But they have no good advice to give to the people. They don't know Afghanistan; there is a lack of knowledge about the country. Afghanistan is totally different than Bosnia or East Timor. Afghanistan is a multi-ethnic nation, with many languages and very diverse traditions.

Is that also one of the reasons the Taliban are so popular? Or is it primarily for political reasons?

Barmak: Of course many Taliban are doing Pakistan's bidding. But some are just normal people. Unemployed people for example, mujahedin from the war against the Soviet Union. They have been disarmed, and they are now destitute. Take for example a former army general, a man who enjoyed authority. Now he's selling potatoes on the street. We should see to it that we find work for these people as soon as possible.

Then there are American soldiers searching the houses. Often they completely disregard the culture and traditions of these families.

Yesterday a friend of mine, who lives on the road between downtown Kandahar and the airport, told me about his daughter.

Five years ago, when the Americans drove past his house, his little daughter ran to the roadside and waved to the soldiers. Today she no longer waves - she throws stones at them.

Is there anything Afghanistan and the international community can do to solve the opium problem?

Barmak: According to the latest figures, about 1.5 million people in Afghanistan use drugs. Many of them have no hope, especially those of the generation that fought in the war. After defeating the Russians they hoped to be rewarded. But building a road between Kabul and Kandahar is not what they had hoped for. These people paid a very high price.

2.5 million Afghans died in the war. Those who survived often have a lot of problems to deal with. But they have stopped communism. That was not only an issue for Afghanistan. Afghanistan was the front line in the fight against communism.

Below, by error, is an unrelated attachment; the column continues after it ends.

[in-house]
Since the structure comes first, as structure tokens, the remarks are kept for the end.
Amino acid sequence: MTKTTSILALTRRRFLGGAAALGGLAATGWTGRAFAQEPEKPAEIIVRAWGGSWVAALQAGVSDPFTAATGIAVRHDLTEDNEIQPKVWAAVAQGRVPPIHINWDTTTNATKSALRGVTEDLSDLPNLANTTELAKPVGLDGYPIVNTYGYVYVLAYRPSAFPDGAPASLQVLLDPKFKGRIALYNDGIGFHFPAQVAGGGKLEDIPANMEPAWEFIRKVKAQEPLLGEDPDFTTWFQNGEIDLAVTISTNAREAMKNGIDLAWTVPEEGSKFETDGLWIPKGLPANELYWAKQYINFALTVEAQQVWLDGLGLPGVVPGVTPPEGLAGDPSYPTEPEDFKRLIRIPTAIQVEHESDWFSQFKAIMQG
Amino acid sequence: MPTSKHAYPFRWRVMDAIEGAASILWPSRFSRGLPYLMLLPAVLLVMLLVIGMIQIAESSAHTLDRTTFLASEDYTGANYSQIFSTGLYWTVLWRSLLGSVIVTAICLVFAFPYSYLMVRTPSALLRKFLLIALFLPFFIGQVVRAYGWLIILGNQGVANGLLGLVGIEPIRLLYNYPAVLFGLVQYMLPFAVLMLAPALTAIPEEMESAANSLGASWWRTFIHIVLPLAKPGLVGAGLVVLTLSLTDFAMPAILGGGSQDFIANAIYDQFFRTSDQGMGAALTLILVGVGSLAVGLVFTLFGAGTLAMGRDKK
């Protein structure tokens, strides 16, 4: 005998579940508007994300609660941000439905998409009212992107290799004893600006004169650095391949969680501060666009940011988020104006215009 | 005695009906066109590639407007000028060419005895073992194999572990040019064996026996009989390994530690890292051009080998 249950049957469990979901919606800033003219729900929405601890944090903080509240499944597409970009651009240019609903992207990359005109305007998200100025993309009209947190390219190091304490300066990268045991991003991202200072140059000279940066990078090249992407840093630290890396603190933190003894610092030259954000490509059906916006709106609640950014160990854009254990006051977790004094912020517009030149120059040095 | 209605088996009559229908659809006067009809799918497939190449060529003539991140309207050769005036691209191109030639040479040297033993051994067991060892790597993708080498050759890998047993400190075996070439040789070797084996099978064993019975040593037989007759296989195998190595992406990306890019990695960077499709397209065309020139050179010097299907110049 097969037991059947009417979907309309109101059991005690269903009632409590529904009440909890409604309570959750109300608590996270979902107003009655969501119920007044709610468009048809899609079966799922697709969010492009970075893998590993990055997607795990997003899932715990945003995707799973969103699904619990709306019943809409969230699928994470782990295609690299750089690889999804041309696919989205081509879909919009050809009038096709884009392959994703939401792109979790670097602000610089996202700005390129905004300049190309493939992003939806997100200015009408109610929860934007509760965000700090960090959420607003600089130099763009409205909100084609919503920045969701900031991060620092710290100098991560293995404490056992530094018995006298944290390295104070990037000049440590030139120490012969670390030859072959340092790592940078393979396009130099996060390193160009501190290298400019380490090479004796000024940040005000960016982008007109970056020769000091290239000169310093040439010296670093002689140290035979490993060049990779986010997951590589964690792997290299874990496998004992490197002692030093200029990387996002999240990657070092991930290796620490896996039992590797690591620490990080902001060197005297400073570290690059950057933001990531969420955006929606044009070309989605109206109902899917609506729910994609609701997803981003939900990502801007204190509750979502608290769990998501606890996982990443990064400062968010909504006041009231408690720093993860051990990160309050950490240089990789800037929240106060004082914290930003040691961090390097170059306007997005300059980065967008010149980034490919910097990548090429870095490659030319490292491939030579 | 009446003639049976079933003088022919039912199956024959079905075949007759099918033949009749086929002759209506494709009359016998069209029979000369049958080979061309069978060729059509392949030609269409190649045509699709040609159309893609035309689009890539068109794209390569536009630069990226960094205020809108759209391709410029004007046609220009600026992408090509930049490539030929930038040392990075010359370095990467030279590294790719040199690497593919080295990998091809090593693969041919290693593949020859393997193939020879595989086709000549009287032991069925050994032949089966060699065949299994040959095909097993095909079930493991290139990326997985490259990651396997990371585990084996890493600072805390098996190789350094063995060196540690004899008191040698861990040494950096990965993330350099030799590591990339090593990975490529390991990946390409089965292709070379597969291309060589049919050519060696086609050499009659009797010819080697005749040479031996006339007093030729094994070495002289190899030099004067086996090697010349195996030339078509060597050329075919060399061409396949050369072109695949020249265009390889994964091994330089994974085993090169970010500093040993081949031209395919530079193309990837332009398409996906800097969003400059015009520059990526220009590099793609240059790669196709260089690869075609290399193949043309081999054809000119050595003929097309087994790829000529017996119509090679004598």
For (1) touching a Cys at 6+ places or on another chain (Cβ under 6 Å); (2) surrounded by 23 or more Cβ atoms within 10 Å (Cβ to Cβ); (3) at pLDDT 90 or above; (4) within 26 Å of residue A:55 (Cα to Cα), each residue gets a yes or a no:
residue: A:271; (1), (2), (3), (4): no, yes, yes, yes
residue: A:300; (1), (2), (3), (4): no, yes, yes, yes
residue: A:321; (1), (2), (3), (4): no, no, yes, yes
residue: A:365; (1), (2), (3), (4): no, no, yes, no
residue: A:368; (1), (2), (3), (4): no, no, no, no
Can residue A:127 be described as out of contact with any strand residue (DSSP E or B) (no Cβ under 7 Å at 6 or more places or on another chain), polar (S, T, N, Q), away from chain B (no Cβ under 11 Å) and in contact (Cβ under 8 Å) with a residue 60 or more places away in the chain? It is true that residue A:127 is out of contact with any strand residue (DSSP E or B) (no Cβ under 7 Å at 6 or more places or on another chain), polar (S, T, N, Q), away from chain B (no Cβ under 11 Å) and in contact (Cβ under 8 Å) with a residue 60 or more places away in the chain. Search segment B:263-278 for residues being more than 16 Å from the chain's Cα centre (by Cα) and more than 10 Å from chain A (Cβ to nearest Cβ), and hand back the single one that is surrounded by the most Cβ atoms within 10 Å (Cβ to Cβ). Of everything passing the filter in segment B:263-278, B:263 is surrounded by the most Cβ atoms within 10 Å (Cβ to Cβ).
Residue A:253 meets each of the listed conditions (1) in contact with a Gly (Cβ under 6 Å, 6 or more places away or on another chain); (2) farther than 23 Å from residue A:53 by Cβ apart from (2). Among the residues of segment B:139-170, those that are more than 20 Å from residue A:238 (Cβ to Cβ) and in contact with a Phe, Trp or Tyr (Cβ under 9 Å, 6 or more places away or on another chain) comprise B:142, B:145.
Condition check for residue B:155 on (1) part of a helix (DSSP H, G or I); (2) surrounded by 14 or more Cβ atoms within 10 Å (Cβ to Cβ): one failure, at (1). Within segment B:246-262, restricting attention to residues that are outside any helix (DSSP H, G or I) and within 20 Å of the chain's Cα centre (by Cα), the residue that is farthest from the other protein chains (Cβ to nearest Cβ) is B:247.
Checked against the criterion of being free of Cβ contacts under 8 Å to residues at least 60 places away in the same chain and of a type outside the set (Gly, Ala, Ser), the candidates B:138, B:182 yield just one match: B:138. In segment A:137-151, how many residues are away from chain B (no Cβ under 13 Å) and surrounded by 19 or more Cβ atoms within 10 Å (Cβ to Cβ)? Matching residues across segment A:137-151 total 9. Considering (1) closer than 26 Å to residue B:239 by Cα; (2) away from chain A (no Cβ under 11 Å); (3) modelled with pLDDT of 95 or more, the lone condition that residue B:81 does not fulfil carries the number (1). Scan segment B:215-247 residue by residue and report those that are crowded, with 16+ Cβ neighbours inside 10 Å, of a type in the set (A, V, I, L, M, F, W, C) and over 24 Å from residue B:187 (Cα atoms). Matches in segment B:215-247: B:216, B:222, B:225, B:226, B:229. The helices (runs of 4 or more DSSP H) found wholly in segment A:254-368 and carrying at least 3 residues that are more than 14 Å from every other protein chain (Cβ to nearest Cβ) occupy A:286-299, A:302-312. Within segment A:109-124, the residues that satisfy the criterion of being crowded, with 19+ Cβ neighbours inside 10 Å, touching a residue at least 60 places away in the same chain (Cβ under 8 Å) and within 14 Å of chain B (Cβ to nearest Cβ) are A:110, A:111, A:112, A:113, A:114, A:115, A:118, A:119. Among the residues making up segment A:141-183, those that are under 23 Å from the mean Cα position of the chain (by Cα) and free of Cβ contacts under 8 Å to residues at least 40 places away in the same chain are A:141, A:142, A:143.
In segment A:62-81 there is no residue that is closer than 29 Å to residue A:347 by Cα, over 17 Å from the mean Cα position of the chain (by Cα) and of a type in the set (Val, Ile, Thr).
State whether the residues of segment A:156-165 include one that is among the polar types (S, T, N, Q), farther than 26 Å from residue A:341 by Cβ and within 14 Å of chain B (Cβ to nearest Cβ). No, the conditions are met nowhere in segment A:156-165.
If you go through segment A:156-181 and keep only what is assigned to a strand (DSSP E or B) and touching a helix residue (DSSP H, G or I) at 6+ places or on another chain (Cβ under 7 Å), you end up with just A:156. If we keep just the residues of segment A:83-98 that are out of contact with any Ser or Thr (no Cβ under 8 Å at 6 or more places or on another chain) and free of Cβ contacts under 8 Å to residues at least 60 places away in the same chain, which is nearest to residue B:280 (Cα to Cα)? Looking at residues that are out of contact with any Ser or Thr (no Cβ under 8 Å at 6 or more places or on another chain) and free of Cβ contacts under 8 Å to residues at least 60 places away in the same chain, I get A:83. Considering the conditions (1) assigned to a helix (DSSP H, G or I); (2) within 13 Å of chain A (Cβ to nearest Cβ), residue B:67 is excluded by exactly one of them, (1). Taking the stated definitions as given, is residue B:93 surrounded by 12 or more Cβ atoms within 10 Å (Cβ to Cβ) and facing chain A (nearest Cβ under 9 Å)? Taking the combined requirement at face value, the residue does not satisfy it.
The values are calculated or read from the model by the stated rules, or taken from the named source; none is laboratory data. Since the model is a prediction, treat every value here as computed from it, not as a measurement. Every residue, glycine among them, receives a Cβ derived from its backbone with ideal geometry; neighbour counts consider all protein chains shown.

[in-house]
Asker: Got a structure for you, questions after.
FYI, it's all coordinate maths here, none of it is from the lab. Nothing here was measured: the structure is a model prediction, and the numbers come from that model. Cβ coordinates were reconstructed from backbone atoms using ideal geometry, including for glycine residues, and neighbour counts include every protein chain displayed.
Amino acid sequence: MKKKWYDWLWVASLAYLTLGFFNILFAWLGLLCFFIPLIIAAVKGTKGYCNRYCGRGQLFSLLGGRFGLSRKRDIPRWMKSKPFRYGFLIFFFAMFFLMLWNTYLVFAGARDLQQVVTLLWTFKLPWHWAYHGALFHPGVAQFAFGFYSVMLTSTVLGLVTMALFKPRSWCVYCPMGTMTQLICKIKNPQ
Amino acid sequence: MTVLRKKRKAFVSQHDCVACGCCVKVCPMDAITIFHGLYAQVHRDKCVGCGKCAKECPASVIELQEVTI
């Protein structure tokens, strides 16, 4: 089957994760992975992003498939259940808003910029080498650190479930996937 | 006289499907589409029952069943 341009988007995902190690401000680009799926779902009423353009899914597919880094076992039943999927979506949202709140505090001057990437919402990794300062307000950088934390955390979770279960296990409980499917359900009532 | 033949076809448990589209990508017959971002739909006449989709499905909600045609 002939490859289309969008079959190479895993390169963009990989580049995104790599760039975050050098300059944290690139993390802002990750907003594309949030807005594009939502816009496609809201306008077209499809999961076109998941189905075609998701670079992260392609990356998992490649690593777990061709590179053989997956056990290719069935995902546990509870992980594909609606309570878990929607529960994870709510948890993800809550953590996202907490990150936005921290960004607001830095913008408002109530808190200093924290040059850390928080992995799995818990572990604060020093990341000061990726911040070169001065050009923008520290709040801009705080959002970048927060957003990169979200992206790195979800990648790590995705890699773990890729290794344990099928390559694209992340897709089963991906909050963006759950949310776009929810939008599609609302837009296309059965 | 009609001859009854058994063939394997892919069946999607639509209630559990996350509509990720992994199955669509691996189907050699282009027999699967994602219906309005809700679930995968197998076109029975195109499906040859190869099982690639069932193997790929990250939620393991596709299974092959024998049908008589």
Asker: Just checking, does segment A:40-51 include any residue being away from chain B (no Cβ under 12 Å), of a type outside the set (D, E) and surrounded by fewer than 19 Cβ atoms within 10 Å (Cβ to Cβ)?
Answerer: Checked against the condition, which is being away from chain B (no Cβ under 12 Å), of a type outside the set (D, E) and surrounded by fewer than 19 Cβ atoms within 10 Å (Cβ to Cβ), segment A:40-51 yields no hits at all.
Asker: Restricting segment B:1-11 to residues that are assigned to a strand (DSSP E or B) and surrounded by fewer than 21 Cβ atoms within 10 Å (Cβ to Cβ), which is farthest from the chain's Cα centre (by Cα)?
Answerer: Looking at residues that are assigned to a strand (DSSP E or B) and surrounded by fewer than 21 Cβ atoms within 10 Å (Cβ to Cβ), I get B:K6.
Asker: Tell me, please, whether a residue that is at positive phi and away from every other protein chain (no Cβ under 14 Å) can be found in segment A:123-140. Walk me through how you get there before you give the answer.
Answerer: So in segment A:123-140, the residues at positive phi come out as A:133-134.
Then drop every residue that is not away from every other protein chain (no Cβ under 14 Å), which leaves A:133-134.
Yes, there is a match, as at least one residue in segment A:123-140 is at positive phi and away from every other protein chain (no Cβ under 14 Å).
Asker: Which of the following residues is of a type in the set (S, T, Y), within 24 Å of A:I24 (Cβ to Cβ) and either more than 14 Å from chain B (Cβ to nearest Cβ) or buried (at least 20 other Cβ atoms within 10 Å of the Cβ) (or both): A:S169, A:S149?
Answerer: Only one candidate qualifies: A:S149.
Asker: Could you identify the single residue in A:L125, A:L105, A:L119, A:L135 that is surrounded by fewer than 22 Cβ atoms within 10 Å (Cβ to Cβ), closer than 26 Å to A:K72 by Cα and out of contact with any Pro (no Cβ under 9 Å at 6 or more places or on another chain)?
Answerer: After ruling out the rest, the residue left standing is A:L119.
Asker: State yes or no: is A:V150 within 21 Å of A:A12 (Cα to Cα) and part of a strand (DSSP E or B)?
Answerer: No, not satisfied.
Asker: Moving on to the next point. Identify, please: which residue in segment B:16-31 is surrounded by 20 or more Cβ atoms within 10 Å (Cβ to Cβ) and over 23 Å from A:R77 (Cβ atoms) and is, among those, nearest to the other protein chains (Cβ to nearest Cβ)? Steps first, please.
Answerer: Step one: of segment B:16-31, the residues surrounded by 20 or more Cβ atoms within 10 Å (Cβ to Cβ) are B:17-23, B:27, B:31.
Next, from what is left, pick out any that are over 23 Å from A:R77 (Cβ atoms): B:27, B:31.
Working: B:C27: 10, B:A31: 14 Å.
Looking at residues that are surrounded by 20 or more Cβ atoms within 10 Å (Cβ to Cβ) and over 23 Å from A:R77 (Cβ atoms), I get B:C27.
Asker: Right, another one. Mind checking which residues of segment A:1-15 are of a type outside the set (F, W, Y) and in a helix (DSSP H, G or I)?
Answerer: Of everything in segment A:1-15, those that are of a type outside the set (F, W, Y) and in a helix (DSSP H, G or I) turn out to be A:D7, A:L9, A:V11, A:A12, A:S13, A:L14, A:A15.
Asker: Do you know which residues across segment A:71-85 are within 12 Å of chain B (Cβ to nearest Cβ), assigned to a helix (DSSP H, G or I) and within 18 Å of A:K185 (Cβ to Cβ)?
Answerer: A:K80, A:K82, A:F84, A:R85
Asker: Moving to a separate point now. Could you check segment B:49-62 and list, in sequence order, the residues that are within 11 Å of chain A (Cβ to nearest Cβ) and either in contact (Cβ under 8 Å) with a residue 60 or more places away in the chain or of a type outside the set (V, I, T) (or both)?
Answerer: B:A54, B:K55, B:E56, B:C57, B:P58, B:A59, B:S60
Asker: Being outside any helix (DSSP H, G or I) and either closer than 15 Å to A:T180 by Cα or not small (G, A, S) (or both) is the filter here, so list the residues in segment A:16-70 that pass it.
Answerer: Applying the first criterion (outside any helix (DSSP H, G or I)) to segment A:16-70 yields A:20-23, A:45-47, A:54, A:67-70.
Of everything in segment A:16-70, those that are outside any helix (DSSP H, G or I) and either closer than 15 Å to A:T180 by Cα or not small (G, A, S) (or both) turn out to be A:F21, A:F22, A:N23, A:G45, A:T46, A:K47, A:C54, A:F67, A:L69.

And everyone benefited from that. I'm convinced that the reunification of Germany was also based on Afghans loosing their blood against the Russians. America also profited. If the Russians had been successful, they would have reached the Indian Ocean. I think the world is forgetting this. It is probably very human to forget. But we are forgetting our yesterdays.

Martin Gerner

© 2007

Translated from the German by Mark Rossman

Interview with Siddiq Barmak
An Afghan View of Suffering
"Osama" is the first full-length film to emerge from Afghanistan since the fall of the Taliban regime. It is an attempt to come to terms with the country's history – and it already won a Golden Globe Award. Amin Farzanefar spoke with the film's director, Siddiq Barmak

Drugs Problem Deeply Ingrained in Society
In Afghanistan, the world's main producer of opium, poppy cultivation was down for the first time since 2001. However, a UN report warned that it could go up again this year. Ratbil Shamel reports

Dilemmas of Fighting Drugs
In times of hardship and war, cultivating opium became a strategy of survival for farmers in Afghanistan. The fact that they have no sense of wrongdoing makes it difficult to draft policies to stall production. By Conrad Schetter

Website Siddiq Barmak